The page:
Why is this medicine prescribed?
Sitagliptin is used along with diet and exercise and sometimes with other medications to lower blood sugar levels in adults with type 2 diabetes (condition in which blood sugar is too high because the body does not produce or use insulin normally). Sitagliptin is in a class of medications called dipeptidyl peptidase-4 (DPP-4) inhibitors. It works by increasing the amounts of certain natural substances that lower blood sugar when it is high. Sitagliptin is not used to treat type 1 diabetes (condition in which the body does not produce insulin and therefore cannot control the amount of sugar in the blood).
Over time, people who have diabetes and high blood sugar can develop serious or life-threatening complications, including heart disease, stroke, kidney problems, nerve damage, and eye problems. Taking medication(s), making lifestyle changes (e.g., diet, exercise, quitting smoking), and regularly checking your blood sugar may help to manage your diabetes and improve your health. This therapy may also decrease your chances of having a heart attack, stroke, or other diabetes-related complications such as kidney failure, nerve damage (numb, cold legs or feet; decreased sexual ability in men and women), eye problems, including changes or loss of vision, or gum disease. Your doctor and other healthcare providers will talk to you about the best way to manage your diabetes.
Are there other uses for this medicine?
This medication may be prescribed for other uses; ask your doctor or pharmacist for more information.
How should this medicine be used?
Sitagliptin comes as a tablet to take by mouth. It is usually taken once a day with or without food. Take sitagliptin at around the same time every day. Follow the directions on your prescription label carefully, and ask your doctor or pharmacist to explain any part you do not understand. Take sitagliptin exactly as directed. Do not take more or less of it or take it more often than prescribed by your doctor.
Sitagliptin helps to control high blood sugar but does not cure diabetes. Continue to take sitagliptin even if you feel well. Do not stop taking sitagliptin without talking to your doctor.
Ask your pharmacist or doctor for a copy of the manufacturer's information for the patient.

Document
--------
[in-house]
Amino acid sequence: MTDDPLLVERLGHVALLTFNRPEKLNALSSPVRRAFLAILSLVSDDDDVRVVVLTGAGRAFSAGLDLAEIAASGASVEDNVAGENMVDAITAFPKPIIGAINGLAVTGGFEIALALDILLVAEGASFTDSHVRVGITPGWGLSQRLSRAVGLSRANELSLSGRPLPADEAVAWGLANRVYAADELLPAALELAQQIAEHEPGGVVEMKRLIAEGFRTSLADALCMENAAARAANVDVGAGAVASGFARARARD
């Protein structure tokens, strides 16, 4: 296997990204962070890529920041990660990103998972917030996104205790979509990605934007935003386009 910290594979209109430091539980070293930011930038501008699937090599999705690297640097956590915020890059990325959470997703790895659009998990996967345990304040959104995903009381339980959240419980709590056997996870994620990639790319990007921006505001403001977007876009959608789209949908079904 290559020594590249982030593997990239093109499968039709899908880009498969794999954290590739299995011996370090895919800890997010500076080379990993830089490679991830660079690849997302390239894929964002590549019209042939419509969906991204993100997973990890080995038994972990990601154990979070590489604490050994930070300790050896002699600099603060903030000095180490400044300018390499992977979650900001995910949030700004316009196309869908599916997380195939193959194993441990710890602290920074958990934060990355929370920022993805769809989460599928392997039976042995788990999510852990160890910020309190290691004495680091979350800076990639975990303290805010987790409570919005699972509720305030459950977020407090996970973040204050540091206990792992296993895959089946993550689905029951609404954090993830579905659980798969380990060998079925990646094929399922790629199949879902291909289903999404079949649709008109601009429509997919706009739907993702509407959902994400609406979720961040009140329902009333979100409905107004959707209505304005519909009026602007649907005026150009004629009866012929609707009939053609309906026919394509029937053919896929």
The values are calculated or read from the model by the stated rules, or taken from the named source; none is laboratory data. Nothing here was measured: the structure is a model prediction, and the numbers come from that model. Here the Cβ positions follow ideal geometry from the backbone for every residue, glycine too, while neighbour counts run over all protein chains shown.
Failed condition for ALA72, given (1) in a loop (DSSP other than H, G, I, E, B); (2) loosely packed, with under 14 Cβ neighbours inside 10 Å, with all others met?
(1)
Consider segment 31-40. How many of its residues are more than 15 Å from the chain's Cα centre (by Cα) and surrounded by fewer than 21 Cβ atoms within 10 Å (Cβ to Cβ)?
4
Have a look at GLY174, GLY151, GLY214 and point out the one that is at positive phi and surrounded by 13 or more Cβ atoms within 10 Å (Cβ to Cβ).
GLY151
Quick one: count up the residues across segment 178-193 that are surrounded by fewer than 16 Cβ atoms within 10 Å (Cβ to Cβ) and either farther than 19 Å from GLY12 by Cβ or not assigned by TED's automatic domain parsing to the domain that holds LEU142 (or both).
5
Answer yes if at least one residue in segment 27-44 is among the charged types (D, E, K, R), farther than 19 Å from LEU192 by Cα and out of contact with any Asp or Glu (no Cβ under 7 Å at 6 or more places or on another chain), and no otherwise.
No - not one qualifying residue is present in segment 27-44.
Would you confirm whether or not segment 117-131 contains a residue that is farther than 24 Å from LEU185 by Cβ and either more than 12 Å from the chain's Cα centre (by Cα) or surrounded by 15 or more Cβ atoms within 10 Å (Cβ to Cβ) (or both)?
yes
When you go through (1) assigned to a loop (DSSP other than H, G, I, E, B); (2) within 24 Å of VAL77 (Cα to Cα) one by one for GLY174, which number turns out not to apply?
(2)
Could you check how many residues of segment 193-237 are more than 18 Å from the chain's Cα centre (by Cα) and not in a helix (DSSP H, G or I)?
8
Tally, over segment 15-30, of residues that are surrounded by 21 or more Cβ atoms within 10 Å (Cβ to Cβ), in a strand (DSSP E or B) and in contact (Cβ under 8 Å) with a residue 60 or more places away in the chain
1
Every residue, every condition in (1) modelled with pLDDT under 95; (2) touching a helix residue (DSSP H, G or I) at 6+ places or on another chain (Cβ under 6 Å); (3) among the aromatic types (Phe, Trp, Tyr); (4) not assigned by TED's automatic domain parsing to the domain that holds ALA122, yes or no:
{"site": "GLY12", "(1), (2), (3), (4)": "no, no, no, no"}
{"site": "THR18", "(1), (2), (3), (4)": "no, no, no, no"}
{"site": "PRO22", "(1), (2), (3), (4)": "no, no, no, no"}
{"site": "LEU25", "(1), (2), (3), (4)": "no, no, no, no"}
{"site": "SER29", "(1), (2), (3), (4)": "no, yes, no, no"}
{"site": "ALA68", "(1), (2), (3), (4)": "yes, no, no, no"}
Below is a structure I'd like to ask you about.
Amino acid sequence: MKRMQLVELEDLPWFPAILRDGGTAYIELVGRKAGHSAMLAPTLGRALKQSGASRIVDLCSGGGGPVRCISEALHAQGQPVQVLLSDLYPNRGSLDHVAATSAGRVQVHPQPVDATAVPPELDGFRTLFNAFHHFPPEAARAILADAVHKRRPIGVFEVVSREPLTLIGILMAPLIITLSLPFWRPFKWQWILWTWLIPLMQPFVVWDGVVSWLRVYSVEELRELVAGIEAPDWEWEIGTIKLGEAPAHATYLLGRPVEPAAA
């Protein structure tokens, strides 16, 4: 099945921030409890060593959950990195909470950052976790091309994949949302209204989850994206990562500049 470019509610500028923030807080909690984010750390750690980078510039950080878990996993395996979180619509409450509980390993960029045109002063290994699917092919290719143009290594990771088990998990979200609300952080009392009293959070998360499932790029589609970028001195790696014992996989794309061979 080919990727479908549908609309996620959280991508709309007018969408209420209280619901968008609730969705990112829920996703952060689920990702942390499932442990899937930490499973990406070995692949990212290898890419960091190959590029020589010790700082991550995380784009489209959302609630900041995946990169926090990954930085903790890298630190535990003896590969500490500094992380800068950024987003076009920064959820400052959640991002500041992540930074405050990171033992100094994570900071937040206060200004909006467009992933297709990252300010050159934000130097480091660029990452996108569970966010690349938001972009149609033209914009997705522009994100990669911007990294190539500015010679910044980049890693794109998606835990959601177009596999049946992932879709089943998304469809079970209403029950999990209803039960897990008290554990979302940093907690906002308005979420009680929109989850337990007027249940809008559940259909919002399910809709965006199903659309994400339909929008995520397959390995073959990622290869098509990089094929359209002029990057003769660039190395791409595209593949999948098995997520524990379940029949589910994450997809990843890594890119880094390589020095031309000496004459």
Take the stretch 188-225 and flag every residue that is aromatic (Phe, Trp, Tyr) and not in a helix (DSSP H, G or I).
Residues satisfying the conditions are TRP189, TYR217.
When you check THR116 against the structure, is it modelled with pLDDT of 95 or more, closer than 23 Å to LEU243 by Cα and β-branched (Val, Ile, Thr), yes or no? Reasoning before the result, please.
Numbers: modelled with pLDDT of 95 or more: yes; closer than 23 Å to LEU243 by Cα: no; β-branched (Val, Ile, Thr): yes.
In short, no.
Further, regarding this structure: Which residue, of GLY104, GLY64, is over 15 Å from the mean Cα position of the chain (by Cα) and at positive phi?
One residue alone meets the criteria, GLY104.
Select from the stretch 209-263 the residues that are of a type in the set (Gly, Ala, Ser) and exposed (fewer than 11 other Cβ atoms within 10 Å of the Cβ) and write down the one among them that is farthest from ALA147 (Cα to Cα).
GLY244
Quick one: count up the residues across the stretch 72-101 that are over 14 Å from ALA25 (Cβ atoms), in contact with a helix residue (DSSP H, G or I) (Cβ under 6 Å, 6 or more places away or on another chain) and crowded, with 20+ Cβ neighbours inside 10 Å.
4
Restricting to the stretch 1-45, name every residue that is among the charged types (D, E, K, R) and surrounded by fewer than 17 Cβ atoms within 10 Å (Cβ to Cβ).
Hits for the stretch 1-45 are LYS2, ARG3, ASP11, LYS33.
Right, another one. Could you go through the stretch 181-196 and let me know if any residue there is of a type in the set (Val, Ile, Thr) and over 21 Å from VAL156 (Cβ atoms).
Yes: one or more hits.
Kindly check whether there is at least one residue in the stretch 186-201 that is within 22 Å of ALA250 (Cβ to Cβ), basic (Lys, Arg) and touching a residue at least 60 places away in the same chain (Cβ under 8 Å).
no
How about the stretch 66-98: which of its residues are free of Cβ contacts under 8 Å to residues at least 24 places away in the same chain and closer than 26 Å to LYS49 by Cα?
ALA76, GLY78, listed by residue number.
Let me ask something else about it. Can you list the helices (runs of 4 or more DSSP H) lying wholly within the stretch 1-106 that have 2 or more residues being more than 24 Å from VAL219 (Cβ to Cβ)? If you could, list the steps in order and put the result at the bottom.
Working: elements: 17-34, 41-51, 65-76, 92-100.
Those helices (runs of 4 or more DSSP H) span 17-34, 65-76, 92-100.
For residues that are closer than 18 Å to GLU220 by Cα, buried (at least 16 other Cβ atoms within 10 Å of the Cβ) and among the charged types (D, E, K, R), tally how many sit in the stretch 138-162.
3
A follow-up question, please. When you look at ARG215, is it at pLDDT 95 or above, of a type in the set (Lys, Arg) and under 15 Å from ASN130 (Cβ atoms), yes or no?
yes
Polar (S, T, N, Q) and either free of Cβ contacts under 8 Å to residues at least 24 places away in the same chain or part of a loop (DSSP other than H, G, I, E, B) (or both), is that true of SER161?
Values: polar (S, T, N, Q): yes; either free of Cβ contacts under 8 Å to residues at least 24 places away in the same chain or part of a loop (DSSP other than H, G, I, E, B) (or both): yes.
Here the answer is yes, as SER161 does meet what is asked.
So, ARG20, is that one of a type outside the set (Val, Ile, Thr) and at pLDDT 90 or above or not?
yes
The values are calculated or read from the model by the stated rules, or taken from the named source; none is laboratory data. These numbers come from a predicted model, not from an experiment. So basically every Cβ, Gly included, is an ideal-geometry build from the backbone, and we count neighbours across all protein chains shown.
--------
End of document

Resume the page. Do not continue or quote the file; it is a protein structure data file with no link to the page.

What special precautions should I follow?
Before taking sitagliptin,
- tell your doctor and pharmacist if you are allergic to sitagliptin or any other medications.
- tell your doctor and pharmacist what prescription and nonprescription medications, vitamins, nutritional supplements, and herbal products you are taking or plan to take. Be sure to mention any of the following: digoxin (Lanoxicaps, Lanoxin); insulin; and certain oral medications for diabetes including acetohexamide, chlorpropamide (Diabinese), glimepiride (Amaryl), glipizide (Glucotrol, in Metaglip), glyburide (Diabeta, Glycron, Micronase), tolazamide (Tolinase), and tolbutamide. Your doctor may need to change the doses of your medications or monitor you carefully for side effects.
- tell your doctor if you drink or have ever drunk large amounts of alcohol and if you have or have ever had diabetic ketoacidosis (a serious condition that may occur when blood sugar is too high), pancreatitis (swelling of the pancreas), gallstones, high levels of triglycerides (fatty substances) in your blood, heart failure, or kidney disease.
- tell your doctor if you are pregnant, plan to become pregnant, or are breastfeeding. If you become pregnant while taking sitagliptin, call your doctor.
- talk to your doctor about what you should do if you get hurt or if you develop a fever or infection. These conditions may affect your blood sugar.
- talk to your doctor about the symptoms of high and low blood sugar and other complications of diabetes, what to do if you develop these symptoms, and how to prevent these conditions.